Asymptomatic non-ulcerative genital tract infections in a rural Ugandan population. (1/302)

OBJECTIVE: To document the prevalence of asymptomatic non-ulcerative genital tract infections (GTI) in a rural African cohort. METHODS: The study population consisted of all adults aged 15-59 residing in 56 rural communities of Rakai District, southwest Uganda, enrolled in the Rakai STD Control for AIDS Prevention Study. Participants were interviewed about the occurrence of vaginal or urethral discharge and frequent or painful urination in the previous 6 months. Respondents were asked to provide blood and a first catch urine sample. Serum was tested for HIV-1. Urine was tested with ligase chain reaction (LCR) for N gonorrhoeae and C trachomatis. Women provided two self administered vaginal swabs; one for T vaginalis culture and the other for a Gram stained slide for bacterial vaginosis (BV) diagnosis. RESULTS: A total of 12,827 men and women were enrolled. Among 5140 men providing specimens, 0.9% had gonorrhoea and 2.1% had chlamydia. Among 6356 women, 1.5% had gonorrhoea, 2.4% had chlamydia, 23.8% were infected with trichomonas and 50.9% had BV.53% of men and 66% of women with gonorrhoea did not report genital discharge or dysuria at anytime within the previous 6 months. 92% of men and 76% of women with chlamydia and over 80% of women with trichomonas or BV were asymptomatic. The sensitivities of dysuria or urethral discharge for detection of infection with either gonorrhoea or chlamydia among men were only 21.4% and 9.8% respectively; similarly, among women the sensitivity of dysuria was 21.0% while that of vaginal discharge was 11.6%. For trichomonas or BV the sensitivity of dysuria was 11.7% and that of vaginal discharge was 10.5%. CONCLUSION: The prevalence of non-ulcerative GTIs is very high in this rural African population and the majority are asymptomatic. Reliance on reported symptoms alone would have missed 80% of men and 72% of women with either gonorrhoea or chlamydia, and over 80% of women with trichomonas or BV. To achieve STD control in this and similar populations public health programmes must target asymptomatic infections.  (+info)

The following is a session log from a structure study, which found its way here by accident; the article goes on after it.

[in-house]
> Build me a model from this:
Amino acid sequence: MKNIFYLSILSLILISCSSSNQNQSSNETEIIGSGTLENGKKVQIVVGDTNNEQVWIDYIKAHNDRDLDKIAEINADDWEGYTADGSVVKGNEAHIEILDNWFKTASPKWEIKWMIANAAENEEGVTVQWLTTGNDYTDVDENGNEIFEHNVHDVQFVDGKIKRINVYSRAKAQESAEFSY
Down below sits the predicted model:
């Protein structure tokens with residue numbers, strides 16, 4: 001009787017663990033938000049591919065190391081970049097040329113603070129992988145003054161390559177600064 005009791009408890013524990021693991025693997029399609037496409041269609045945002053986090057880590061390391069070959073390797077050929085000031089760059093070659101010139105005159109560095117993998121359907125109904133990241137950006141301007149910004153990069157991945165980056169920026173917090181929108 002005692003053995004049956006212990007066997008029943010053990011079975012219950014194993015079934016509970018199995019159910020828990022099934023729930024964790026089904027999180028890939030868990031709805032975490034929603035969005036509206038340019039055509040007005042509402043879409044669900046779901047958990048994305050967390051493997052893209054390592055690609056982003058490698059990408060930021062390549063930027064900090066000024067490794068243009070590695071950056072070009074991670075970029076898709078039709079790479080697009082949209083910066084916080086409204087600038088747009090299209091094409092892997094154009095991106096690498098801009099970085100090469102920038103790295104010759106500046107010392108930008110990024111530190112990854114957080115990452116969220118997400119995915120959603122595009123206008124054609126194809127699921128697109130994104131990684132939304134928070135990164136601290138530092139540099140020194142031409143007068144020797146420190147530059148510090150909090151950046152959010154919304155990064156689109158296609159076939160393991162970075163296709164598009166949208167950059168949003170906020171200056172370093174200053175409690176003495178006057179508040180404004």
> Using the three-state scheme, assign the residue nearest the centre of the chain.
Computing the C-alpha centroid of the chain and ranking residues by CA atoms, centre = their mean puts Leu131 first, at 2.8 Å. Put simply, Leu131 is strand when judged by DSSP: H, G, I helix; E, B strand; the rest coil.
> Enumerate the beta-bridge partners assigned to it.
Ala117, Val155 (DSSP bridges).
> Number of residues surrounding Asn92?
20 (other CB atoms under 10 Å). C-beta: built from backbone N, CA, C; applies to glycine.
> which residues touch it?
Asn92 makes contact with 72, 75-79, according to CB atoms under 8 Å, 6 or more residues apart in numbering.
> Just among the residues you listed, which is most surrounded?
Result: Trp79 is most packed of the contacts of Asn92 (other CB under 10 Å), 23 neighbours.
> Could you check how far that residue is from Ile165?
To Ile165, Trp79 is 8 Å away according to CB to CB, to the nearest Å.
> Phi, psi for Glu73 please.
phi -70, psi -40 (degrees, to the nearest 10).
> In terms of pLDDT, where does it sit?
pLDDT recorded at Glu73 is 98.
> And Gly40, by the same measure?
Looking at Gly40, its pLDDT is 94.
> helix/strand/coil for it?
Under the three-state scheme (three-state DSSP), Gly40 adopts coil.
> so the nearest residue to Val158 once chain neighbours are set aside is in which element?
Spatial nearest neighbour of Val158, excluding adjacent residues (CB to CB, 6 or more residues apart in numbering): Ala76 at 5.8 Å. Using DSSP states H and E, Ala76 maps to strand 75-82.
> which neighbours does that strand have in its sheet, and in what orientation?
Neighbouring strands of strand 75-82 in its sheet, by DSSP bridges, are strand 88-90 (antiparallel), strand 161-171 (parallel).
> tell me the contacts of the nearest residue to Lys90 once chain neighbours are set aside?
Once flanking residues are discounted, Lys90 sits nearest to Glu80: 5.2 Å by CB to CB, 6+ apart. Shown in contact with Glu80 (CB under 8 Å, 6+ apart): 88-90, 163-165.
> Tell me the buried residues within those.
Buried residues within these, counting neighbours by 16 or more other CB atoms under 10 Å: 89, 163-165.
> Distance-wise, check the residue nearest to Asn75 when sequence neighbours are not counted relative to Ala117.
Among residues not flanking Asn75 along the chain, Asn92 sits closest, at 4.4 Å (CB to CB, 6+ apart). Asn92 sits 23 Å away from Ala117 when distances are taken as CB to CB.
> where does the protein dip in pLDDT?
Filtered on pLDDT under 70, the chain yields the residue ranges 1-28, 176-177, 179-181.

Diagnosis of trichomoniasis by polymerase chain reaction. (2/302)

The clinical usefulness of polymerase chain reaction (PCR) for the diagnosis of trichomoniasis was evaluated in comparison with other conventional tests. PCR was used for specific detection of Trichomonas vaginalis by primers based on the repetitive sequence cloned from T. vaginalis (TV-E650). Between June 1996 and August 1997, 426 patients visited the department of obstetrics and gynecology, Hanyang University Kuri Hospital and were examined for trichomoniasis using wet mount examination, Papanicolaou (Pap) smear, culture and PCR. One hundred and seventy-seven patients (group A) visited with the symptoms of vaginal discharge and 249 patients (group B) visited for regular cervical Pap smear with no vaginal symptoms. From group A (n = 177), 3 infections (2.0%) were detected by wet mount, 6 infections (3.3%) by Pap smear and culture, and 17 infections (10.4%) by PCR. From group B (n = 249), 4 patients (1.6%) were found to have T. vaginalis by culture and 6 infections (2.4%) were detected by PCR. Therefore, in both groups, PCR for T. vaginalis showed a higher detection rate compared with conventional wet mount, Pap smear or culture. The detection by PCR was specific for T. vaginalis since no amplification was detected with DNAs from other protozoa and Candida albicans. The sensitivity and specificity of PCR were 100%. This method could detect T. vaginalis in vaginal discharge at a concentration as low as 1 cell per PCR mixture. These results indicate that PCR could be used as a specific and sensitive diagnostic tool for human trichomoniasis.  (+info)

Delayed versus immediate bedside inoculation of culture media for diagnosis of vaginal trichomonosis. (3/302)